- Create efficient forms with responsive text fields, visual calendars, and placeholder text-specific input field types.
- Optimize media by using responsive images, small resolution WebP image format.
- Use caching & CDN to enhance page load speed.
- Disable heavy animations and page transitions.
- Disable auto-play for videos and avoid using video-background altogether.
- Don’t miss out on the opportunity to go social – embed social media sharing icons.
- Make sure your chatbot is not obtrusive for mobile screens.
- Add a smooth scroll for a seamless scrolling experience. – On mobile, half of the users start scrolling within 10 seconds and 90% within 14 seconds. (Stats from MOVR)
Your website does not have to be black and white, but a bit of rework can go a long way in making it suitable for mobile devices. Recently, Revelry relaunched its eCommerce site with an updated platform and smaller images. Now, the loading time is four times faster, the bounce rate is down by 8% percent , and the conversion rate is up by 30%.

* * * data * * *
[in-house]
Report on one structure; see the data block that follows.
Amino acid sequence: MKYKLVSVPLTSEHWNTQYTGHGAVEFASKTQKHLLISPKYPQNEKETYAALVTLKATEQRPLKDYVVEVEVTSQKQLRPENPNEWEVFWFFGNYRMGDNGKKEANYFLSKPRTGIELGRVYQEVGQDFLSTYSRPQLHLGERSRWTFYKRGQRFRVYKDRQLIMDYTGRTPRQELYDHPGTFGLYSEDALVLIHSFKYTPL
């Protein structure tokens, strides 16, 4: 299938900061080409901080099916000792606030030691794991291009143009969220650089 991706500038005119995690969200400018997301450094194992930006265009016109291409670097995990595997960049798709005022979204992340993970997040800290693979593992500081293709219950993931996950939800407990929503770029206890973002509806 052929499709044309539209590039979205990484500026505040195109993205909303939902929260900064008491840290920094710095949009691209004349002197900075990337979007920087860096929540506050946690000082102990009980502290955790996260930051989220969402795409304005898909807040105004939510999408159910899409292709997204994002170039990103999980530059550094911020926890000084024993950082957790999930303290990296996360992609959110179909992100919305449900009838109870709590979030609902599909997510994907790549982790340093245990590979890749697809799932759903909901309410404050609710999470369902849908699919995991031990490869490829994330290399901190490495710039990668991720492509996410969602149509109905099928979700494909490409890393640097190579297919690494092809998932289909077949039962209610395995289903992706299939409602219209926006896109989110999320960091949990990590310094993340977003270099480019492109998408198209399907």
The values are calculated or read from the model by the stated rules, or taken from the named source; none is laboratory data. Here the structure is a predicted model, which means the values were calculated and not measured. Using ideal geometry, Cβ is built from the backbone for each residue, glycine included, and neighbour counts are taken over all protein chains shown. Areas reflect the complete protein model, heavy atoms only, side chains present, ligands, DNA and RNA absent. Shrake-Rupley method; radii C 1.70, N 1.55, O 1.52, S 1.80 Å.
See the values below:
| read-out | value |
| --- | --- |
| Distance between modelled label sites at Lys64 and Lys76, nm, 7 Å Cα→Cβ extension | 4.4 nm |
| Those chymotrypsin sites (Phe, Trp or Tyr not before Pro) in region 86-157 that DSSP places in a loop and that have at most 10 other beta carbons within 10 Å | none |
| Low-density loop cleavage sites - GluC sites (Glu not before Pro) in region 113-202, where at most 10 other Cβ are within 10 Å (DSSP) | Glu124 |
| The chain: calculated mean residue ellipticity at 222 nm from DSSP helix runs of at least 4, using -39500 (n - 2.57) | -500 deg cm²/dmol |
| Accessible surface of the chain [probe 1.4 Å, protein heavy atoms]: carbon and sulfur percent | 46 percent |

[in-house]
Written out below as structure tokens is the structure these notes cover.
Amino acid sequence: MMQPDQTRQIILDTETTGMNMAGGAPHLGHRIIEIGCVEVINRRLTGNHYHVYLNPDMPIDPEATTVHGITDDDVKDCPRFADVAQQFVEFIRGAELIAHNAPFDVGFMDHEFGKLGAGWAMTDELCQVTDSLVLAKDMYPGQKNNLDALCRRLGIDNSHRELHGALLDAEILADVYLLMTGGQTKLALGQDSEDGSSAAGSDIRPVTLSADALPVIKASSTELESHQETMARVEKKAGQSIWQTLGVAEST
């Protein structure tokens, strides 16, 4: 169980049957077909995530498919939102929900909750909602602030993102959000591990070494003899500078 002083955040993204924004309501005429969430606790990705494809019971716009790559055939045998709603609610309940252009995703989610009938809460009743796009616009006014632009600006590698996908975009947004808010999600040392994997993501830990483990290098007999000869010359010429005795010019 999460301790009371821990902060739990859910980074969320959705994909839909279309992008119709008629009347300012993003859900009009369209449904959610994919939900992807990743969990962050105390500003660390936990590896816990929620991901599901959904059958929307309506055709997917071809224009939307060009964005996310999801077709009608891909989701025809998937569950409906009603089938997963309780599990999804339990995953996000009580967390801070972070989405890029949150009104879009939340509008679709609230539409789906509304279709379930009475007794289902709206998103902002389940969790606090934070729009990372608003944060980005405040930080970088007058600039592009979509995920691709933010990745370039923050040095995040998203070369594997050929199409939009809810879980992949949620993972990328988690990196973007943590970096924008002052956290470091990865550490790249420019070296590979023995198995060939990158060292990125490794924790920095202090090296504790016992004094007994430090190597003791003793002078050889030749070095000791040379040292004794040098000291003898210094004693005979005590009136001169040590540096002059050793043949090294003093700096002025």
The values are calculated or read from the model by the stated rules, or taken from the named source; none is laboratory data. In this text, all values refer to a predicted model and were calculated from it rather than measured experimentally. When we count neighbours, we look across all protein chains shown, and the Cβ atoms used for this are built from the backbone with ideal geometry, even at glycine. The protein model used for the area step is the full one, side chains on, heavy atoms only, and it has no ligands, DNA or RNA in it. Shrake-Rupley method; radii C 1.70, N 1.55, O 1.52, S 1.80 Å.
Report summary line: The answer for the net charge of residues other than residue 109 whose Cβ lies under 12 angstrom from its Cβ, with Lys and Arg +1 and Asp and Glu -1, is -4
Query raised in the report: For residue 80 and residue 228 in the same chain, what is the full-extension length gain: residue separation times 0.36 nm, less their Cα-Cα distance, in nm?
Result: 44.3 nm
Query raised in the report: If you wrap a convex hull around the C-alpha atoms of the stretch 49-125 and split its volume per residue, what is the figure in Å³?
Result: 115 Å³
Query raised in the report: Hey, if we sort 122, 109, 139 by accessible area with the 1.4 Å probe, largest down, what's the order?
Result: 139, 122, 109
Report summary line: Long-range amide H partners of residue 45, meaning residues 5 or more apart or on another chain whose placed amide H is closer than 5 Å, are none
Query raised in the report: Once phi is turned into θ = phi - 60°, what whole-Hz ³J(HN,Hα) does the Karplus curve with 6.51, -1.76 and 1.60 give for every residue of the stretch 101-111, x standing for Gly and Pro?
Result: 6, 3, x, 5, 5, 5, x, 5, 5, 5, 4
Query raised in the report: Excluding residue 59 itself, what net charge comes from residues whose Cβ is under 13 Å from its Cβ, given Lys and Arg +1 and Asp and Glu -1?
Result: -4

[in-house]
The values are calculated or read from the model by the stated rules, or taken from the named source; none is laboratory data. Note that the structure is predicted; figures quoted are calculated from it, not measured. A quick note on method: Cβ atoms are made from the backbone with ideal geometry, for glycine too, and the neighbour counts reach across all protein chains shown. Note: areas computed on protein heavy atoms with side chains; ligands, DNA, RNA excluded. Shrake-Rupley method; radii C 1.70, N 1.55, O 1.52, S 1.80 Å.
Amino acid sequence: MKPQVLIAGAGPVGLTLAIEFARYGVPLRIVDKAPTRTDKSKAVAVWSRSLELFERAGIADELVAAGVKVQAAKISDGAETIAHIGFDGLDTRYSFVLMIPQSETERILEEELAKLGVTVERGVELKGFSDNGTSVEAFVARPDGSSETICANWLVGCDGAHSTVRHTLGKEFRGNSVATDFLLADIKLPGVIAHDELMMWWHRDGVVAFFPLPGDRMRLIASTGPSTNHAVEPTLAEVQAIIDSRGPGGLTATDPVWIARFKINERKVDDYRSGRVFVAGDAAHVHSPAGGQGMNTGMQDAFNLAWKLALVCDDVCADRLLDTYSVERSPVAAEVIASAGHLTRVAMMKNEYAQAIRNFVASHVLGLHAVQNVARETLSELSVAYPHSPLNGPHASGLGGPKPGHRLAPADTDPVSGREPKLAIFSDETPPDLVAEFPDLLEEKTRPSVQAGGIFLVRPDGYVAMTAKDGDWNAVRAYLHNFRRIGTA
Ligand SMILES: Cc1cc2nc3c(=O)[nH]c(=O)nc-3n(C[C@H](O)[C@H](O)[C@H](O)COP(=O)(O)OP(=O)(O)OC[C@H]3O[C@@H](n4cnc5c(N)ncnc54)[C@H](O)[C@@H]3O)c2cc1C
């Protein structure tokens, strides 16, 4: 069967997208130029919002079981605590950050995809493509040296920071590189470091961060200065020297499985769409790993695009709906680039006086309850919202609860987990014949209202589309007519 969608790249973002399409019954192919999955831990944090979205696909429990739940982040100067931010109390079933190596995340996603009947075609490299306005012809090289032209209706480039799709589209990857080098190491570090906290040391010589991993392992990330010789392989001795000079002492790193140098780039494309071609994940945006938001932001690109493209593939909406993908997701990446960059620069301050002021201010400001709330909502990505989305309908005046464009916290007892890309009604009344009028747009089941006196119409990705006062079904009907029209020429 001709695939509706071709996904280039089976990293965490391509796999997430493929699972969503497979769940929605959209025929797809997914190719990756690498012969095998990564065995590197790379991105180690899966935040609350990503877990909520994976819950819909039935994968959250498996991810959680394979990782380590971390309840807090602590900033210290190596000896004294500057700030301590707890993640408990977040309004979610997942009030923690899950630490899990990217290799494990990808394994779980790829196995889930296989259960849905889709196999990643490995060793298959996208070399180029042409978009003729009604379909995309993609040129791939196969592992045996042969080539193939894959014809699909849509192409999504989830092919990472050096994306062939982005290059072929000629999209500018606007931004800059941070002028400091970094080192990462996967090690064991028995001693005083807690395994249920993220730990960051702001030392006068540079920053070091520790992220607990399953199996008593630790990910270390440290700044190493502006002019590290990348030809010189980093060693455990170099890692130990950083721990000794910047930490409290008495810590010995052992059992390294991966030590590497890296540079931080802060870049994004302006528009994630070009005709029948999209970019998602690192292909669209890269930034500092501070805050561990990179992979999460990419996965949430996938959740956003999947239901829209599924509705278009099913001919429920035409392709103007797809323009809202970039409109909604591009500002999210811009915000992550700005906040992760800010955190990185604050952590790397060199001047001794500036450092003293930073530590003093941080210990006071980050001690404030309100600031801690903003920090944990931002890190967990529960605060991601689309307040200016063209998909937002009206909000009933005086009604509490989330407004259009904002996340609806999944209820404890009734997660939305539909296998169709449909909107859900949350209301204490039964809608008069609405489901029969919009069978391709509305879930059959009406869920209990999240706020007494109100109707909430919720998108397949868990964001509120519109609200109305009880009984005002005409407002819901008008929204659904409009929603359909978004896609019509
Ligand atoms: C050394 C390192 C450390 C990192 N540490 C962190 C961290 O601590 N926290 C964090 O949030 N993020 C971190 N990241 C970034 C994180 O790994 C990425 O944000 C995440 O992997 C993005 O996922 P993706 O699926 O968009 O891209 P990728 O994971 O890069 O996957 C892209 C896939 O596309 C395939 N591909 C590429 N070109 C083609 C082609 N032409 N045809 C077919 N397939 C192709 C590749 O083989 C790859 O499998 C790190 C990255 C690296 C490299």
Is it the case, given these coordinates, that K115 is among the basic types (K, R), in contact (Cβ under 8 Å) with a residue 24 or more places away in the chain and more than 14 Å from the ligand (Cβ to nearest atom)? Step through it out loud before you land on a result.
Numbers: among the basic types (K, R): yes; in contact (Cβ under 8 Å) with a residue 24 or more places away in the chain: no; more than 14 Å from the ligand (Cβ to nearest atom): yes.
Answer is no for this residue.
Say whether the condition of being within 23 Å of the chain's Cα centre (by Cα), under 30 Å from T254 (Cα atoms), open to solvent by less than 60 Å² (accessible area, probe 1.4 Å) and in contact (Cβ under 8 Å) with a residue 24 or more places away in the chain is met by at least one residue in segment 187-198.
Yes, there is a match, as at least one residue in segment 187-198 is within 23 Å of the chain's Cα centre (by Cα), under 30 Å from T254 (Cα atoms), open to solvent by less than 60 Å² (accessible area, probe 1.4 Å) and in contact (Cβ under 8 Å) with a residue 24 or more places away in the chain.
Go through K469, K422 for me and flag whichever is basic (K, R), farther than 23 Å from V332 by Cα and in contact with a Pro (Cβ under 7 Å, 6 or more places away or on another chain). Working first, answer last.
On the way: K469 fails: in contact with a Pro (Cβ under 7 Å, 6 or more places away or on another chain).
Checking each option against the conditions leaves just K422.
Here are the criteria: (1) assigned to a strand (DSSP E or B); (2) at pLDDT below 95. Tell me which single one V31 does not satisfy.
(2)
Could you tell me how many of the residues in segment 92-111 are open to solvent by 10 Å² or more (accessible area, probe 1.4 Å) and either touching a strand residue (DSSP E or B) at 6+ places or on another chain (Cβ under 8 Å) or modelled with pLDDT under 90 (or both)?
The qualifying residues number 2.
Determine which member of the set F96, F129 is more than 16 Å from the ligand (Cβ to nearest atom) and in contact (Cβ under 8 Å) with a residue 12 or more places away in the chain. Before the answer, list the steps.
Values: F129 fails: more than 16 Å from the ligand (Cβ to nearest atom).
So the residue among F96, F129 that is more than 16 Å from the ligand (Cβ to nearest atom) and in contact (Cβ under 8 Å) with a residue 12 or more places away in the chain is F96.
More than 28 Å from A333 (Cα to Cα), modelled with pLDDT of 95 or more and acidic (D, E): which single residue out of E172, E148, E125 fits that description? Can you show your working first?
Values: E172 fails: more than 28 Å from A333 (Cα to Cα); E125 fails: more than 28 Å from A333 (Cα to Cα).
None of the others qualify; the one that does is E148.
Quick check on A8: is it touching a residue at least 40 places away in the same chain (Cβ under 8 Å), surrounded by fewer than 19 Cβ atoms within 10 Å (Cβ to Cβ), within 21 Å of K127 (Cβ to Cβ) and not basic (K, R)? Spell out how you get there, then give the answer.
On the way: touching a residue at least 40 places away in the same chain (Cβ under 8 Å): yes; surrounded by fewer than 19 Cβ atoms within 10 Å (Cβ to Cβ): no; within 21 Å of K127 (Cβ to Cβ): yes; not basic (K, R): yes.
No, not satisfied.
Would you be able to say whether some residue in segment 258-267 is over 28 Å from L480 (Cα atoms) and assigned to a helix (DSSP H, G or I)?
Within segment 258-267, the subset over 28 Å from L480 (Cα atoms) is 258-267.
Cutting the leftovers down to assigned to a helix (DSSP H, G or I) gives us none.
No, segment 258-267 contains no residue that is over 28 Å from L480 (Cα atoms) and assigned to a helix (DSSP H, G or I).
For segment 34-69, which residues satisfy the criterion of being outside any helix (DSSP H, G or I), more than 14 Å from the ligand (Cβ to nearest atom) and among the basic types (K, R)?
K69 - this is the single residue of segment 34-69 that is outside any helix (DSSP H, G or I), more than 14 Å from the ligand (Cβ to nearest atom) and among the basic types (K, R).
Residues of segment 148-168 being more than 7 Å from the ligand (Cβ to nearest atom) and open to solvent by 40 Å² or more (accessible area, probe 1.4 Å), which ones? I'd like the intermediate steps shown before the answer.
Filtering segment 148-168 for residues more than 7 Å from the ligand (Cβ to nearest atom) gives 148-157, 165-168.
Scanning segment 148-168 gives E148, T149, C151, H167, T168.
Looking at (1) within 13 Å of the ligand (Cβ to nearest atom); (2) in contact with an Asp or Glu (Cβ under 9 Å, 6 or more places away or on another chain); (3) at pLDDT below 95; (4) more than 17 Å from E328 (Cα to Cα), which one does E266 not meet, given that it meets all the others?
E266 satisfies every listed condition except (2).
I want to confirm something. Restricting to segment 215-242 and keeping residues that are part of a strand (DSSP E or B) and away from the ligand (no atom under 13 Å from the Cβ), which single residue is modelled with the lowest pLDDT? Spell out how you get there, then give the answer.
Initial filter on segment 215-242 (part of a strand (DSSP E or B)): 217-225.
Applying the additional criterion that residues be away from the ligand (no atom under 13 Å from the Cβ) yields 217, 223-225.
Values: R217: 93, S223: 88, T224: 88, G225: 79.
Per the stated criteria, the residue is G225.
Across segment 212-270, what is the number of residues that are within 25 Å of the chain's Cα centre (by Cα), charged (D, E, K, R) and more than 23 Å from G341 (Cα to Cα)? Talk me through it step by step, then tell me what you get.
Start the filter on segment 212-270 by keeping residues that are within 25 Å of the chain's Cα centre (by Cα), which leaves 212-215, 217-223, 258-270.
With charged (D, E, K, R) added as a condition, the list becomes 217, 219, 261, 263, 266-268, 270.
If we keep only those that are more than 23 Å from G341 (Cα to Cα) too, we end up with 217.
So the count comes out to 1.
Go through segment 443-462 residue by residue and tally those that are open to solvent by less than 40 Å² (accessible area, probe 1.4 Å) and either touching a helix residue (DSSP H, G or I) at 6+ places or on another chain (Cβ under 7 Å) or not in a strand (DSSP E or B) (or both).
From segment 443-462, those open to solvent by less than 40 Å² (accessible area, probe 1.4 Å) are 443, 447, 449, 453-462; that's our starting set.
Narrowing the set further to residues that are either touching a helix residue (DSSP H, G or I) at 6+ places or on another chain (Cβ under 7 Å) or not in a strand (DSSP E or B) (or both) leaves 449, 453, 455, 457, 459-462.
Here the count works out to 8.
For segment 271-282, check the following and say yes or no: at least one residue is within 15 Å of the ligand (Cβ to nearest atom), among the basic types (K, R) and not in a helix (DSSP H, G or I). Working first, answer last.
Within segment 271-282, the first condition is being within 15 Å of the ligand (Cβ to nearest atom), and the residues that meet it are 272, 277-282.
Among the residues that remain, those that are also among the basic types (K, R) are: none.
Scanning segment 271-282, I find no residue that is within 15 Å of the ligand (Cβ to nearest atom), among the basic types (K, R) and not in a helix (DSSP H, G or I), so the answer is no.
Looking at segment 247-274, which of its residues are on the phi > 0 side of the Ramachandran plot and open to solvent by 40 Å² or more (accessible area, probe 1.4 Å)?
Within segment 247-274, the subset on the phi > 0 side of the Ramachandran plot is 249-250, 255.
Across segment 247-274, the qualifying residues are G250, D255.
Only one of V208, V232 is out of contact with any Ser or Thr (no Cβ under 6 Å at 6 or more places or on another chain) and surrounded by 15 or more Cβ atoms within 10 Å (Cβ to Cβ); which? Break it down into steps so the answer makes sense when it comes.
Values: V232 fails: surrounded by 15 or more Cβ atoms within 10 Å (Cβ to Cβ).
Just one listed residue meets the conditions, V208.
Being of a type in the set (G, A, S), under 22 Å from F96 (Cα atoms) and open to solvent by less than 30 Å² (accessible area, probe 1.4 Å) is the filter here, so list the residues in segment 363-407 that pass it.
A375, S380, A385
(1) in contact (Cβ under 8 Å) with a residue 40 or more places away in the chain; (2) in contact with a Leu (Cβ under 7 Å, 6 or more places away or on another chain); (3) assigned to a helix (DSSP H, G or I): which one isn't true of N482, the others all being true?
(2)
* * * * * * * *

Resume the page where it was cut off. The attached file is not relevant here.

- 52% of online shoppers claim that a site’s ability to load quickly influences their loyalty.
- Additionally, 74% of people are likely to return to a website that is optimized for mobile.
- 40% of people will not wait more than three seconds before abandoning your website forever. Your website needs to load fast, and it needs to do it now. That’s simply because 47% of those people expect your website to load in two seconds or less!
Images inspire 53% of online shoppers to make a purchase, but you have to make sure that a picture is not hampering their user experience. Images on your website need to be mobile optimized so that they load quickly. Use a layout capable of adapting to a user’s device, be it the screen size or the capabilities. It becomes essential to perform responsive testing to focus on aesthetics and adaptability based on your consumers’ devices.